Thriller specialist John Frankenheimer directs Michael Caine in The Holcroft Covenant. A mid-80s potboiler concerning a mysterious covenant set up in the last days of the Second World War by three officers of the Third Reich.
The film begins with an impressive sequence set during the War, combining stock footage with inky black-and-white cinematography. Three Nazi officers raise a glass to a mysterious covenant before committing suicide, with the action then switching to New York and the present day, which in this case is 1985.
Caine, cast as a last-minute replacement for James Caan, plays Noel Holcroft, a New York architect who wants nothing to do with his father’s Nazi past.
This bravado soon fades when Holcroft realises his Dad left him $4.5 billion. Holcroft’s father, General Heinrich Clausen (Alexander Kerst), was obsessed with guilt about the Nazi atrocities orchestrated by Hitler. So, in a bid to make amends, Clausen “intercepted” millions from “Wehrmacht payrolls” and created a foundation where, in the future, the intercepted money could be given to the children and grandchildren of families whose lives were shattered and ruined by the Nazis.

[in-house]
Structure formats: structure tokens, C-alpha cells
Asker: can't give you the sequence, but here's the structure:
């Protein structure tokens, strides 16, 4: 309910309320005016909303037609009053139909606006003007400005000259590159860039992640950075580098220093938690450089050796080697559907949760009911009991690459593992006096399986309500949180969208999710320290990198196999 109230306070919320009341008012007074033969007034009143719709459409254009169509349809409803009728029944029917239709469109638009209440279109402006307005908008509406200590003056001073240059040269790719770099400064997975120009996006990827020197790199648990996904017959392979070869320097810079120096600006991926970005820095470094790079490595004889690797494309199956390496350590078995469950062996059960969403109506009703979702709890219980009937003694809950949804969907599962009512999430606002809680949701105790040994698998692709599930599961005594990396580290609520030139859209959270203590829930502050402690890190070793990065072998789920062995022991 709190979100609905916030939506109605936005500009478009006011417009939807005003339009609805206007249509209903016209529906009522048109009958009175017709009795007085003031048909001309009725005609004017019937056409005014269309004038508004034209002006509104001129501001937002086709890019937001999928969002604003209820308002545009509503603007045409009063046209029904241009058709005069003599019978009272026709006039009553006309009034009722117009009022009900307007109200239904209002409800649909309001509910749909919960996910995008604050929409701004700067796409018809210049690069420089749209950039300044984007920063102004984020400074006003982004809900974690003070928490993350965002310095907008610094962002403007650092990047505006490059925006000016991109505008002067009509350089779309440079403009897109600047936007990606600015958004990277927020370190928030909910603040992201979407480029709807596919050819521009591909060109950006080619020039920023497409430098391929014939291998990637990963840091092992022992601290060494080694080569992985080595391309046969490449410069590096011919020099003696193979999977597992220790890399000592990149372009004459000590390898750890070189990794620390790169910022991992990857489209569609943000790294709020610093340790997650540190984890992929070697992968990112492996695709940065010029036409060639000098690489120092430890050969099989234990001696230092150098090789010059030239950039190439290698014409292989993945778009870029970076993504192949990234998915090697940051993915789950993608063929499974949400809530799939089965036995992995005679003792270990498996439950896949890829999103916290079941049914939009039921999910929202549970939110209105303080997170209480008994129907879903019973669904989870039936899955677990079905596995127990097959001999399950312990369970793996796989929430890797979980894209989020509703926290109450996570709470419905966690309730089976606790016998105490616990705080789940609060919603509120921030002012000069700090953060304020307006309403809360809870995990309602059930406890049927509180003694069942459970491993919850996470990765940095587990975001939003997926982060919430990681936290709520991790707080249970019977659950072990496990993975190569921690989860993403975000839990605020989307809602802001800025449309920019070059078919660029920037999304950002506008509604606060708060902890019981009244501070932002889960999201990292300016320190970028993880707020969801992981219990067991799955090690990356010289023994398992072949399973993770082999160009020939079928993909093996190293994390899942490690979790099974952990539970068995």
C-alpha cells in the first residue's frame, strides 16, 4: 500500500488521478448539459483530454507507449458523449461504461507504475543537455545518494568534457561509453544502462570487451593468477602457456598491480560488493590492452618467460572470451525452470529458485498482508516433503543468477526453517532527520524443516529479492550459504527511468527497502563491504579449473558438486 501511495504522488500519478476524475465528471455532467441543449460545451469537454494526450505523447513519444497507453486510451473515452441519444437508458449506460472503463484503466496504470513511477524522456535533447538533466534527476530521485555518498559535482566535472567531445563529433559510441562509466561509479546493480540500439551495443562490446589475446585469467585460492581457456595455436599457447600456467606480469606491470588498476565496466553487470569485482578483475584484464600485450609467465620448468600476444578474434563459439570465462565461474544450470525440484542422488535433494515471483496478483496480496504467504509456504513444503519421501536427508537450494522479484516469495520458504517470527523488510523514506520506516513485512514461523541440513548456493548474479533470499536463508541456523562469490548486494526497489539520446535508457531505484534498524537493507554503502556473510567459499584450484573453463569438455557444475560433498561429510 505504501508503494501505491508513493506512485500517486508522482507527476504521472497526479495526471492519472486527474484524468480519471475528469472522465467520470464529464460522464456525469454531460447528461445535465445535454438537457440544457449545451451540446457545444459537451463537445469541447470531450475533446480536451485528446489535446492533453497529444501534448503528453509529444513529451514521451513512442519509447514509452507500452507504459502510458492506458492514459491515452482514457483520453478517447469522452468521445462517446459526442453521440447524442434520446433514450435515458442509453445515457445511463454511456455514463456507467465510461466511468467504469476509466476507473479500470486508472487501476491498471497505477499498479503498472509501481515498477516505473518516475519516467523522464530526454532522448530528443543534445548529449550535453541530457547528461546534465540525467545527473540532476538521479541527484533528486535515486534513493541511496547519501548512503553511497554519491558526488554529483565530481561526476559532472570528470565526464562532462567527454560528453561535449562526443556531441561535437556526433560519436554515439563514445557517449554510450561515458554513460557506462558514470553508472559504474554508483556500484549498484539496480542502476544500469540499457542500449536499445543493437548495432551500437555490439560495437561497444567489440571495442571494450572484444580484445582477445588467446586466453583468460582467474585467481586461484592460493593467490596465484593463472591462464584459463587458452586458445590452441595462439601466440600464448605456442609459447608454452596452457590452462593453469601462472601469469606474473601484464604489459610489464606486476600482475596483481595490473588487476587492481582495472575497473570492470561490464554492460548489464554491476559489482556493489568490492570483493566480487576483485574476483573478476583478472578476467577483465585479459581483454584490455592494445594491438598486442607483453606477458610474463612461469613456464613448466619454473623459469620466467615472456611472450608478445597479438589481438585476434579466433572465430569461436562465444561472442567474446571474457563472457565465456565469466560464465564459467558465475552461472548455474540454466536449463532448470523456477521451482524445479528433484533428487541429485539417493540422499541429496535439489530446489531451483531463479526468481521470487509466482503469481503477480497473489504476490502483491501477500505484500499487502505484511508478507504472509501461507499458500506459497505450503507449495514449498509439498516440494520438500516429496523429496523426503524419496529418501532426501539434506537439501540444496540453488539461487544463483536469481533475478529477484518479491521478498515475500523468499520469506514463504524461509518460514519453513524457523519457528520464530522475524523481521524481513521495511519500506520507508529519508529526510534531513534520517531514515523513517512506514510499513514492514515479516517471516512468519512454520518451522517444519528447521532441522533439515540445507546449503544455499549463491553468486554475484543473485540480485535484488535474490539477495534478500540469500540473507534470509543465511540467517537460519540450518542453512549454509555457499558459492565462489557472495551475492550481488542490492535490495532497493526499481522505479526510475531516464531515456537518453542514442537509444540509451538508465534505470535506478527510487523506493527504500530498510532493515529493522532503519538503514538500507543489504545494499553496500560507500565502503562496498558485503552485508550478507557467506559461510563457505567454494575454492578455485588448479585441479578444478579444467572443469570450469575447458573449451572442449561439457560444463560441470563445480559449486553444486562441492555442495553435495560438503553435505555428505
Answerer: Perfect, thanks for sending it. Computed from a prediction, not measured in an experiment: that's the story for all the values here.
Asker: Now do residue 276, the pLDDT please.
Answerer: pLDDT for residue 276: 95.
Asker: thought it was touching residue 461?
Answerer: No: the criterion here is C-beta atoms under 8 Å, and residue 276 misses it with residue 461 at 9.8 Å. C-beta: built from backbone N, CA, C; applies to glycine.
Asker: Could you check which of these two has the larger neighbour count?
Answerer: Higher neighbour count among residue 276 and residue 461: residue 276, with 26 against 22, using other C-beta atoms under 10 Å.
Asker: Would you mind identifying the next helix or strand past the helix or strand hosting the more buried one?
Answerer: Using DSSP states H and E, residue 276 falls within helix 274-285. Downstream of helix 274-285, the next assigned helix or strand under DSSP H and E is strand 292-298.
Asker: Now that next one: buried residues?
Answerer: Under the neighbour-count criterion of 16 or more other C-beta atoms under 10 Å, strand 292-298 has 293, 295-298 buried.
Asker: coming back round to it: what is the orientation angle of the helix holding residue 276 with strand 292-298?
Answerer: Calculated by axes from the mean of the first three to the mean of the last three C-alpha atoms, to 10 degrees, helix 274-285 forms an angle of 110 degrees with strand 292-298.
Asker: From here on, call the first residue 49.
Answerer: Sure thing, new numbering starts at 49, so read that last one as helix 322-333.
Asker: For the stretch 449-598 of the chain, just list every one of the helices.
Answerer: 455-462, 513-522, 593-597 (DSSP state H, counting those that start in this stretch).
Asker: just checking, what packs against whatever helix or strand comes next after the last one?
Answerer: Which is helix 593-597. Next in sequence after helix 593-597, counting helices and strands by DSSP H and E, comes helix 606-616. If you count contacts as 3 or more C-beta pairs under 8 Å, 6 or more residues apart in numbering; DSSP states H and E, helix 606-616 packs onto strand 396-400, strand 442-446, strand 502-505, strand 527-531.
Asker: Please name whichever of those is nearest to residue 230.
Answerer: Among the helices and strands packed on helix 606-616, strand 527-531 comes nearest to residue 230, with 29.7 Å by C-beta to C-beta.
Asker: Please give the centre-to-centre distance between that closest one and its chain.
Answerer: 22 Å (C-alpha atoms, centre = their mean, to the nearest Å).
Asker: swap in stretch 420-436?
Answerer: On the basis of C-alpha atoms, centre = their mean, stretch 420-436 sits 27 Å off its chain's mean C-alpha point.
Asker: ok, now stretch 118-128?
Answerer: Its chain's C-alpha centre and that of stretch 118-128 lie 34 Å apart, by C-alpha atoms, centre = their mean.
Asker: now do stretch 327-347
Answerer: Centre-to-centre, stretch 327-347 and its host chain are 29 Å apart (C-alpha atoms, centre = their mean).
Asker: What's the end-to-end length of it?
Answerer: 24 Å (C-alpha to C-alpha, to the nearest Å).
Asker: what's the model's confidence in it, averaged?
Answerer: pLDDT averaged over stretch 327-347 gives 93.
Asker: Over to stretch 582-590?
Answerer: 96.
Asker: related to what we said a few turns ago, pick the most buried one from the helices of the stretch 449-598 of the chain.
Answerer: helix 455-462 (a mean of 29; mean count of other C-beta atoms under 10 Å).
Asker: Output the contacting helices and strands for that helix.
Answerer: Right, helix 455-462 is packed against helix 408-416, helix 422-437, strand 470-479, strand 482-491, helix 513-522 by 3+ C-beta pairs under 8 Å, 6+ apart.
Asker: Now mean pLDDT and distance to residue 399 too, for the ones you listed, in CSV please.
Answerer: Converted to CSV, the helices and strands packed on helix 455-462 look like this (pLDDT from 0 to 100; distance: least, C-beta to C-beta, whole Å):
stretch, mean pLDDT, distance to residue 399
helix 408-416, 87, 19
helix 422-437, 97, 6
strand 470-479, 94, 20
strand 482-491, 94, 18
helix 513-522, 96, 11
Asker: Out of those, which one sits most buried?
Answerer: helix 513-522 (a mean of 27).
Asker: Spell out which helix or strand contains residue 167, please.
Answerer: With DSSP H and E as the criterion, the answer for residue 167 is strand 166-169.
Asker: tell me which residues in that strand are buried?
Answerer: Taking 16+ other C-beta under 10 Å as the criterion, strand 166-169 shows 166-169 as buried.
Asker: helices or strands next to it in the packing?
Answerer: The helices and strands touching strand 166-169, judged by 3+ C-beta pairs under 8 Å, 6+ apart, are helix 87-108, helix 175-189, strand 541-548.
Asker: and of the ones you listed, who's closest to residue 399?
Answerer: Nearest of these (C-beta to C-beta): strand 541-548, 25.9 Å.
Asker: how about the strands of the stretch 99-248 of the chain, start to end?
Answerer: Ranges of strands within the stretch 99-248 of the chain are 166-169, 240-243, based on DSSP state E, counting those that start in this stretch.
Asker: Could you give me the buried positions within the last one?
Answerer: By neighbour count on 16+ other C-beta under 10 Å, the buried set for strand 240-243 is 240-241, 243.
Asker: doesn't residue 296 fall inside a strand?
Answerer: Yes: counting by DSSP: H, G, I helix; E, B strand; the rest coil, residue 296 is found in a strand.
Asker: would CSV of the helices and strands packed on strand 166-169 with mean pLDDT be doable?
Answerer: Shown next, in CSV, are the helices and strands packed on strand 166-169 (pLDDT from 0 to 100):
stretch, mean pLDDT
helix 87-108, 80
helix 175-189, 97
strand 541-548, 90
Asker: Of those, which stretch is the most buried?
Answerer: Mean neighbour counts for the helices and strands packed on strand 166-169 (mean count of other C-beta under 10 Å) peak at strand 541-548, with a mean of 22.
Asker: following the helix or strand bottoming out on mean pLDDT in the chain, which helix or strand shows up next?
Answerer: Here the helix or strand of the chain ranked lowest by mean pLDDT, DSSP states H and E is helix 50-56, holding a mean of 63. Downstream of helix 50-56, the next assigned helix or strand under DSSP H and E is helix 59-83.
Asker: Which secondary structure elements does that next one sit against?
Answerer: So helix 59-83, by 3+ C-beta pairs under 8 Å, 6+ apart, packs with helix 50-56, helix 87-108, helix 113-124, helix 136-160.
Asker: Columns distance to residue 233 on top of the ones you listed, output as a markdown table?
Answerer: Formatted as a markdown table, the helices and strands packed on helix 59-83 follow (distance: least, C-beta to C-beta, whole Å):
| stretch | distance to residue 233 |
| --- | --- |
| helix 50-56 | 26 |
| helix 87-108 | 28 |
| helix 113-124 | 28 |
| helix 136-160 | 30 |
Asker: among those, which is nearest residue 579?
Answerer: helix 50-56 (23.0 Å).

So, it’s up to Holcroft, as chairman, to dish out the dosh, but first, he must track down the children of the other two officers who committed suicide. As you would hope, Holcroft realises there’s more to the covenant than a guilty dead Nazi looking to atone for past crimes, and the twist and turns keep coming.
Based on the novel by Robert Ludlum, The Holcroft Covenant is an efficient thriller, with director John Frankenheimer favouring a Hitchcock mode of direction as Michael Caine becomes Cary Grant à la North by Northwest. Caine is always good, helping to dignify the familiar thriller tropes of the screenplay. His last shot, the film’s final scene with Caine, is reason alone to celebrate Michael Caine as a remarkable actor regardless of the film.
The rest of the cast, including the mysterious Helden played by Victoria Tennant, are good, too, with Lilli Palmer adding some gravitas as Holcroft’s mother, Althene. The Holcroft Covenant is no Manchurian Candidate, nor does it look ahead to Frankenheimer’s last hurray with Ronin, but it’s an enjoyable thriller with a great leading man,